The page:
For more information, call (845) 679-4265 or visit www.woodstockfilmfestival.com

 

AWARDS INFO
Each year the following awards are presented. Prizes vary from year to year. Check below for 2003 prizes.

Honorary Maverick Award
Best Feature (awarded to first time feature filmmaker)
Best Feature Documentary (awarded to first time feature filmmaker)
Best Short Film
Best Short Documentary
Best Student Film
Best Animated Film (judged and presented by animator Bill Plympton and panel)

The Elmer Bernstein Award for Best Film Score
will be presented by Mr. Bernstein to the film score that in his opinion best serves the nature of the film. Over the past fifty years, Elmer Bernstein has written a formidable number of major movie scores, including some of the most identifiable of all time – To Kill a Mockingbird, The Great Escape, The Magnificent Seven, My Left Foot to name a few. His most recent scores were composed for Martin Scorsese’s Gangs of New York and Todd Haynes’s Far From Heaven.

The Haskell Wexler Award for Best Cinematography will be presented by Mr. Haskell Wexler. Haskell Wexler, A.S.C. (Bound for Glory, One Flew Over the Cuckoo’s Nest, Coming Home, Who’s Afraid of Virginia Wolfe, The Secret of Roan Inish), is a five-time Academy Award nominee and the recipient of a star on Hollywood’s Walk of Fame. Always politically active, Wexler directed the Oscar-winning documentary Interviews With My Lai Veterans, Introduction to the Enemy (co-director) and the fiction film Latino, and was subpoenaed by a federal grand jury for the tapes and footage of Underground, a chronicle of the Weather Underground movement.

The handcrafted Maverick Award trophies are created by Woodstock artist Steve Heller of Fabulous Furniture


HONORARY MAVERICK AWARD
The 2003 Honorary Maverick Award was presented to actor/activist Woody Harrelson for his fierce independence regarding art and politics. (click here to read transcript of acceptance speech)

BEST FEATURE
Feature Jurors:  Mark Urman, Wendy Lidell and Ira Deutchman
The Award for Best Feature was sponsored by Cineric
ASSISTED LIVING
by Elliot Greenebaum

Assisted Living chronicles a day in the life of Todd (Michael Bonsignore), a janitor in an assisted living facility who spends his days smoking pot and interacting with the residents for his own entertainment. Shot in a real nursing home with actual residents, the film is the first feature for Louisville native and NYU graduate Greenebaum.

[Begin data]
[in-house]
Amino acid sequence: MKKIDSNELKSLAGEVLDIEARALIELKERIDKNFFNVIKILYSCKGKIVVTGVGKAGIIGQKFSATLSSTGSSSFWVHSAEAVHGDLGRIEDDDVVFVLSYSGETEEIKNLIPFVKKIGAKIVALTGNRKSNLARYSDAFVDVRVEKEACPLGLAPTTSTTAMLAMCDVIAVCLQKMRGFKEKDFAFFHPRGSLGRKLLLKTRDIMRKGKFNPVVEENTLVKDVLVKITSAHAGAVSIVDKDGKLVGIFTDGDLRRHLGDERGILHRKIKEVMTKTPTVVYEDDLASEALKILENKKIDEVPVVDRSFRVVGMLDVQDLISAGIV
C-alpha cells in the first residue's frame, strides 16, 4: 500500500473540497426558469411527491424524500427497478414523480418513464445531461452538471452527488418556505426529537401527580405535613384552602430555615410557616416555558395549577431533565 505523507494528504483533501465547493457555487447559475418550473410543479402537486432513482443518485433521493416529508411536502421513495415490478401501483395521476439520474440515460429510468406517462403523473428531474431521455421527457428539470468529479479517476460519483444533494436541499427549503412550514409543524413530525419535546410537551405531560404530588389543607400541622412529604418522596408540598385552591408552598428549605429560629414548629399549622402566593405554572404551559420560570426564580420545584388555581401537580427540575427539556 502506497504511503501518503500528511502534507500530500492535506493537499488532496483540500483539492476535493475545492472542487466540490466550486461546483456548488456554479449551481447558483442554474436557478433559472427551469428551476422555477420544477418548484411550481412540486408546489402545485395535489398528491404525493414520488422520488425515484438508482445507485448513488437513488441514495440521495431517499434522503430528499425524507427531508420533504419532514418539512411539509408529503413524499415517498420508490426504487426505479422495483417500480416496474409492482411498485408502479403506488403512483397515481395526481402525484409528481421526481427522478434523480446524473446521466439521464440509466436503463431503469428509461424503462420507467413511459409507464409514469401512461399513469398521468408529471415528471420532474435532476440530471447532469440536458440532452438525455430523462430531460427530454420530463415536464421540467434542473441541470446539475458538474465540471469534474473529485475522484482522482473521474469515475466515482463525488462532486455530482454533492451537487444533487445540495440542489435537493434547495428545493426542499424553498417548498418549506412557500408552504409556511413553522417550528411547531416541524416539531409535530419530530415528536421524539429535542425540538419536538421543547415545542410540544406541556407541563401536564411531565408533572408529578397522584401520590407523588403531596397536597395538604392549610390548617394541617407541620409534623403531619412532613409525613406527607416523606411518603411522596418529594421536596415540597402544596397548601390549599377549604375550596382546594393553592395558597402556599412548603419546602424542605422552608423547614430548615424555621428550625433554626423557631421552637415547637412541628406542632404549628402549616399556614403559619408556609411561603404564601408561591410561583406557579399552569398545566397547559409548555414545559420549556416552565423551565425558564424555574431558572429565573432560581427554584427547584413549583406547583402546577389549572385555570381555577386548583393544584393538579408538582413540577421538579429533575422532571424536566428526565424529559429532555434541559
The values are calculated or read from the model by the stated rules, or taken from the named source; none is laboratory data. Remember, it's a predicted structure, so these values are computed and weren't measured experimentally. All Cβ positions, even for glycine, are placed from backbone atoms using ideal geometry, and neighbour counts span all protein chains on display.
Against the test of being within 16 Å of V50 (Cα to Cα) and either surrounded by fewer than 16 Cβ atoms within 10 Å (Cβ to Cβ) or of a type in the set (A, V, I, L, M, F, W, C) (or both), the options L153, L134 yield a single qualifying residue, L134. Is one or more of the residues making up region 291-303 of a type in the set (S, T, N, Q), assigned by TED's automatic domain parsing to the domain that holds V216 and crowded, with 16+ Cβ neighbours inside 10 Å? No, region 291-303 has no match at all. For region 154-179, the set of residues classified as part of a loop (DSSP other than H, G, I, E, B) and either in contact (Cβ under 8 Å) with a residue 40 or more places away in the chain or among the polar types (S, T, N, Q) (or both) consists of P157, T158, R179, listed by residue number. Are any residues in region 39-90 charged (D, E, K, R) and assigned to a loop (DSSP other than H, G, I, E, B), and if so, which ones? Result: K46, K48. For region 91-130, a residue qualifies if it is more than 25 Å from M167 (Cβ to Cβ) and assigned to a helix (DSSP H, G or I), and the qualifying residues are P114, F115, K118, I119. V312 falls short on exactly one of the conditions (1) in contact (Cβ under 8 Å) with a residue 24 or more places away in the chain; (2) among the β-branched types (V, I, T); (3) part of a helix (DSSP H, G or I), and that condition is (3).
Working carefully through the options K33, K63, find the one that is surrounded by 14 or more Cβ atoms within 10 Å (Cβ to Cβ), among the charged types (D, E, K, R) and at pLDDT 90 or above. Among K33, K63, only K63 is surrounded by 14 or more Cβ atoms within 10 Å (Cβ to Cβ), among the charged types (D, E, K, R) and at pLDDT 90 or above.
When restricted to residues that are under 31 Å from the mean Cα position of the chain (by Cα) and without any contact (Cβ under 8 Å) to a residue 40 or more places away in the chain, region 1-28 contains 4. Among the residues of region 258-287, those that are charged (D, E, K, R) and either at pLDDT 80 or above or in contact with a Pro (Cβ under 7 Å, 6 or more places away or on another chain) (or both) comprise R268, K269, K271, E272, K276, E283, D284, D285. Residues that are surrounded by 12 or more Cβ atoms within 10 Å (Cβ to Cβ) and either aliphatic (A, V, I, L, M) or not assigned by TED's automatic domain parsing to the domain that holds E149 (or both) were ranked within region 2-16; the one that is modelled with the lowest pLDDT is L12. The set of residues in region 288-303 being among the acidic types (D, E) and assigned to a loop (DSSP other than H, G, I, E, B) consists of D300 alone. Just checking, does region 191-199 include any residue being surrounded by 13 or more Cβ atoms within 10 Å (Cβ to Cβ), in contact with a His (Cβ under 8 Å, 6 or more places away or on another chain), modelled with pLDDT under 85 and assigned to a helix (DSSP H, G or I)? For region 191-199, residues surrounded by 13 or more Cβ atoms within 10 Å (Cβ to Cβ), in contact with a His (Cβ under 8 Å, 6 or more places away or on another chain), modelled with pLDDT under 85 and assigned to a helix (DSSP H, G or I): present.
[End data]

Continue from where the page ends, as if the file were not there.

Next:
Todd’s detachment from his surroundings is compromised only by his unlikely friendship with Mrs. Perlman, a resident who begins to confuse him with her son.  On this particular day, Todd must choose whether or not to play the part.  Greenebaum produced along with Alan Oxman, Archie Borders and Alex Laskey. 


Elliott Greenebaum


Special Mention
Extraordinary Performance
Emile Hirsch in
THE MUDGE BOY, directed by Michael  Burke.


BEST FEATURE DOCUMENTARY
Documentary Jurors:  Leon Gast, Robert Downey, Sr. and David D’Arcy
Award for Best Documentary was sponsored by Docurama
A BOY'S LIFE
by Rory Kennedy
Best Documentary honors went to A Boy’s Life by Rory Kennedy, a probing look into an impoverished, rural American family in Mississippi,   by the award winning director and co- founder of Moxie Firecracker Films.  Ultimately, the film proves a hopeful exploration of a harmful family legacy and is a powerful testimony to the strength of an individual.


Honorary Mention
THE REVOLUTION WILL NOT BE TELEVISED

by Kim  Bartley and Donnacha O’Briain.



BEST SHORT
Shorts Jurors: Gill Holland, Michelle Coe
An audio/video gift pack is sponsored by Markertek.com

SEVENTY-TWO FACED LIAR
by Mark Waites

 


BEST SHORT DOC
Jurors: Zachary Sklar, Sarah Plant, Joel Katz
An audio/video gift pack is sponsored by Markertek.com

TULIA, TEXAS; SCENES FROM THE DRUG WAR

by Emily and Sarah Kunstler

 

Honorary Mention
FERRY TALES
by Katja Esson


Emily and Sarah Kunstler


BEST STUDENT SHORT
An audio/video gift pack is sponsored by Markertek.com

THE SHOW
by Cruz Angeles

 

Honorary Mention
AQUI IBA EL HIMINO

(Here Was the Anthem
)
by Sergio Umansky.

An audio/video gift pack is sponsored by Markertek.com
 


Cruz Angeles accepts for "The Show"


The BEST ANIMATED SHORT judged and presented by pioneering animator Bill Plympton, was presented to DEAR, SWEET EMMA, directed by  John Cernak


The ELMER BERNSTEIN AWARD, judged and presented by the acclaimed film composer, was presented to LOVE OBJECT composer Nicholas Pike.  The film was directed by Robert Parigi.                          

An audio/video gift pack is sponsored by Markertek.com


Elmer Bernstein


The HASKELL WEXLER AWARD judged by the renowned cinematographer, was presented to SONG FOR A RAGGY BOY cinematographer Peter Robertson.  The film was directed by Aisling Walsh.

The Haskell Wexler Award for Best Cinematography was sponsored by Kodak.